Under Trump: Civil Lawsuits Up To Redress Immigration Action and Inaction
The latest available data from the federal courts show that, as of the end of March 2017, there have been 763 new civil immigration lawsuits filed in disputes involving immigration matters since January 20, 2017 when President Trump assumed office. Almost all of these lawsuits have been brought by immigrants seeking redress from federal government action or inaction. These suits typically involve petitions for release from detention, or seek action on a visa or naturalization application.
The growth in these suits began during Obama's presidency. Starting around March 2015, the number of these lawsuits filed each month began to rise. The latest figures through March 2017 indicate this increase has continued after President Trump assumed office.
According to the case-by-case court records analyzed by the Transactional Records Access Clearinghouse (TRAC) at Syracuse University, during March 2017 there were 318 new federal civil filings involving these immigration matters. This number is up 5.6 percent over the previous month when the number of civil filings of this type totaled 301. See Table 1.
When monthly 2017 civil immigration filings are compared with those of the same period in the previous year, their number was up 40.5 percent. Civil filings for March 2017 are higher than they were for the same period five years ago. Overall, the data show that civil filings of this type are up 105.6 percent from levels reported in March 2012.
The long term trend in civil immigration filings going back five years is shown more clearly in Figure 1. The vertical bars in Figure 1 represent the number of civil filings of this type recorded each month. The superimposed line on the bars plots the six-month moving average so that natural fluctuations are smoothed out. One-year and five-year change comparisons in Table 1 are based upon these moving averages.
Federal Civil Immigration Lawsuits by Cause of Action
Nearly half (47%) of the 763 suits filed since January 20, 2017 were brought by individuals detained by Immigration and Customs Enforcement (ICE). These individuals sought release from their detention and/or a court order to prevent their deportation. Most of the remaining suits challenged government inaction. One third (33%) were mandamus suits to compel the federal government to act on visa or related applications. Another 8 percent sought a hearing or other action on naturalization applications. See Table 2 and Figure 2.
The remaining suits involved a variety of other causes of action, including claims of constitutional violations, civil rights matters, asylum, citizenship, and Administrative Procedure Act (APA) violations.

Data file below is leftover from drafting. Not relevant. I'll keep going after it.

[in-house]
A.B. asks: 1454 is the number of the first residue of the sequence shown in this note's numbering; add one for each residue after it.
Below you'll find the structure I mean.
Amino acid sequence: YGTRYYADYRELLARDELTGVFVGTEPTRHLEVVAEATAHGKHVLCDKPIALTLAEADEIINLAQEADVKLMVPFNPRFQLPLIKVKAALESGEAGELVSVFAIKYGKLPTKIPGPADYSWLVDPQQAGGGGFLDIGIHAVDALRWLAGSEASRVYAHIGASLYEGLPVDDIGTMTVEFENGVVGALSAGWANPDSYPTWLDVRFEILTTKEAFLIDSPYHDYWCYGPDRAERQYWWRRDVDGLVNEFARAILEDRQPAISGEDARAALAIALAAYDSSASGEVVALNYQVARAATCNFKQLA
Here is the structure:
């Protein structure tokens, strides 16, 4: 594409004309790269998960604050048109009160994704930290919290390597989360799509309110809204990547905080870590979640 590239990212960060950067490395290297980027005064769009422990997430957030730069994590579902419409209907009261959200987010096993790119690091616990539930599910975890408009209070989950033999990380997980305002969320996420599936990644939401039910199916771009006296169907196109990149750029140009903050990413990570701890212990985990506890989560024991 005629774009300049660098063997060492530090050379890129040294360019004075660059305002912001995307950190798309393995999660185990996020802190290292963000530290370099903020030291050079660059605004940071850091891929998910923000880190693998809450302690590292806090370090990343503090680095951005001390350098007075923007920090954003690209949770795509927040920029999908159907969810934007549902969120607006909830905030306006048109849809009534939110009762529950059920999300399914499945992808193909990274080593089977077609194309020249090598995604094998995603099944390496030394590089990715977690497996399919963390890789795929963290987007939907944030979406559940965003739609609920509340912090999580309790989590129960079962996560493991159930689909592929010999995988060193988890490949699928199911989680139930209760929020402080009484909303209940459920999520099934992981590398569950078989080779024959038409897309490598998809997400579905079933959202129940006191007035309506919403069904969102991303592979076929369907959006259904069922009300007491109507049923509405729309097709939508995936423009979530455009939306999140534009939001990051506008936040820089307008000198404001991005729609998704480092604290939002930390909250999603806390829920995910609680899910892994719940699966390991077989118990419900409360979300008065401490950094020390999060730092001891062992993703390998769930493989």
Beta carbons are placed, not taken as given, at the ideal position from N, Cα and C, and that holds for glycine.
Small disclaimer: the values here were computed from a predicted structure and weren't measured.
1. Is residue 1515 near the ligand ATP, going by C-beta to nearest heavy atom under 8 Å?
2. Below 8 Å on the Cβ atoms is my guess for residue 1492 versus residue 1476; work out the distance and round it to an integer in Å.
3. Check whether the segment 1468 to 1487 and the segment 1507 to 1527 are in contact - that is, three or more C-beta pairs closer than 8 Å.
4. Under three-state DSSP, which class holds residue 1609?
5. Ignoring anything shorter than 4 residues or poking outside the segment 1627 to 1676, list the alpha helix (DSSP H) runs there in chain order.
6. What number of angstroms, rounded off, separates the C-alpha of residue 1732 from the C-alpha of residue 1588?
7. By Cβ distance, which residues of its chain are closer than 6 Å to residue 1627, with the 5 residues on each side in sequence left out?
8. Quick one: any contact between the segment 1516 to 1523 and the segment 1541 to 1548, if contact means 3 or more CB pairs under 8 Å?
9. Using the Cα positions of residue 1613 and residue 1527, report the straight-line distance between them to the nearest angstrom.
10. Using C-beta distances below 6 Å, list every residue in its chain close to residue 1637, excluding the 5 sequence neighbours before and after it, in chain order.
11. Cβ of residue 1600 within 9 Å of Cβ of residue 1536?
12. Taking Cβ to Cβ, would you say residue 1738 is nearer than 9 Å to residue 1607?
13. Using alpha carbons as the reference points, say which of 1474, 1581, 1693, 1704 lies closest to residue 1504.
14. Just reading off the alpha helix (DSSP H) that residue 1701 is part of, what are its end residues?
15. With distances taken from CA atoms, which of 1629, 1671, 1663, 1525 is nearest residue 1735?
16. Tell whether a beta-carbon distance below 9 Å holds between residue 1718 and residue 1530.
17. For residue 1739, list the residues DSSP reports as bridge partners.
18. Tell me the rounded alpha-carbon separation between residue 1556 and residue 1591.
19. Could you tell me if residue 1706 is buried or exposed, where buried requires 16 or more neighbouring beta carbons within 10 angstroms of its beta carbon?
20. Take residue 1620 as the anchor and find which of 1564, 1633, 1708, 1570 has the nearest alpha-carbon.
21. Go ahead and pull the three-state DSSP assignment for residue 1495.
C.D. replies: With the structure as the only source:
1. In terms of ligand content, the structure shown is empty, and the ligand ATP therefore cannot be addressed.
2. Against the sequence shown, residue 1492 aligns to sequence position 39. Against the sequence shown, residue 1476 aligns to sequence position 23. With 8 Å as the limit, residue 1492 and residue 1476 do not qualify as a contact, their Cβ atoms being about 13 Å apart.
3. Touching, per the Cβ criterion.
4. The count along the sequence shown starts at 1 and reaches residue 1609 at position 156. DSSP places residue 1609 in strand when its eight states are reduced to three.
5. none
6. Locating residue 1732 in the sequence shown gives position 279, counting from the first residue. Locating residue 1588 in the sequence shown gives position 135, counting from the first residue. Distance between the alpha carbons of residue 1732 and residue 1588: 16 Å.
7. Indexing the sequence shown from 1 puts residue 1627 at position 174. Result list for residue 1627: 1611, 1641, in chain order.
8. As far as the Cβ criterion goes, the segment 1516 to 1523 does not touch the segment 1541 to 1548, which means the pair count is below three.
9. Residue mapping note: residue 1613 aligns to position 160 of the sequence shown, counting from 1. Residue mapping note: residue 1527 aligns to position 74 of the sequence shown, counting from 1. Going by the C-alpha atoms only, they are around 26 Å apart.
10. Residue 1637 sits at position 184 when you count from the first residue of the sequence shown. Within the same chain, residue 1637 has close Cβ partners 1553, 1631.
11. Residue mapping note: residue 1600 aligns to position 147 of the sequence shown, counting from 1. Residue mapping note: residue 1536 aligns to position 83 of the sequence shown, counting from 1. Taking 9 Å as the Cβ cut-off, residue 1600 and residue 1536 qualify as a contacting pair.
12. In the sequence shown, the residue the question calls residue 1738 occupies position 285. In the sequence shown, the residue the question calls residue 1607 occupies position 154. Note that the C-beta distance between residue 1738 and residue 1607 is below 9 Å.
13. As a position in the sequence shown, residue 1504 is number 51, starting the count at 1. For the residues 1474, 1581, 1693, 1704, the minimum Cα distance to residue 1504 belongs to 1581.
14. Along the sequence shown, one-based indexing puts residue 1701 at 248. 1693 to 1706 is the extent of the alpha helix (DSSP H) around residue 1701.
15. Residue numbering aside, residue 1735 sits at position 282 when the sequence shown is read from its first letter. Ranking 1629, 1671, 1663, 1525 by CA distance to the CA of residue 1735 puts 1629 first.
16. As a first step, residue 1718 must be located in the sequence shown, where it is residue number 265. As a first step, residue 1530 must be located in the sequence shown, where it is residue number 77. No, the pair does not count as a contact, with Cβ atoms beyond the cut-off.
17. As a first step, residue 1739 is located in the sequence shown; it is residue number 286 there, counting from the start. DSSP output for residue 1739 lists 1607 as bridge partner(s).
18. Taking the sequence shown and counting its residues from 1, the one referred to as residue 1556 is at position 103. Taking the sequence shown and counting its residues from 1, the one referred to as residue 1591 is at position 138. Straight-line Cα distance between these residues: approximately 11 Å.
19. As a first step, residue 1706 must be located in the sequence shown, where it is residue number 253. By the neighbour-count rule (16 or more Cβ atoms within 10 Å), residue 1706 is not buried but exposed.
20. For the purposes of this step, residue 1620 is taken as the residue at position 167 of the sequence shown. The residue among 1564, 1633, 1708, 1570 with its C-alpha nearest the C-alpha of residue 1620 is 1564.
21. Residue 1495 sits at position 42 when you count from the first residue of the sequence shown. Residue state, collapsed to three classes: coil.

Where Are Actions Being Filed
Since President Trump assumed office, four out of every ten of these new lawsuits have been filed in just three federal districts. These three districts were centered in the greater New York City area. The federal district court in the Eastern District of New York (Brooklyn) had the largest number with 136 of these civil immigration suits. In second place with 90 suits was the New Jersey federal district court. The federal court in the Southern District of New York (Manhattan) had the third highest number in the nation with 77.
Right behind the Manhattan court was the Central District of California (Los Angeles) with 75 new lawsuits. After that no district had more than 35 new filings. Once the California Central district was added to the New York metro area districts, the combined four districts accounted for half of all civil immigration suits filed since January 20.
However, the make-up of these lawsuits were quite different among these districts. Nine out of every ten suits in New Jersey were filed by ICE detainees seeking to be released from custody. This large percentage reflects the number of ICE detention beds located in that state. The largest facility is the Elizabeth Contract Detention Facility operated by the Corrections Corporation of America in Elizabeth, New Jersey. In contrast, in the New York East and California Central judicial districts, three out of four were seeking to compel action on a visa or naturalization application. New York South had a split between those brought by ICE detainees seeking release from custody and immigrants seeking to get DHS to act on visa, naturalization, or other applications.
A total of 52 out of the 94 federal judicial districts had one or more civil immigration lawsuits filed in federal court since President Trump assumed office. The number of suits in each of these districts is shown in Table 3.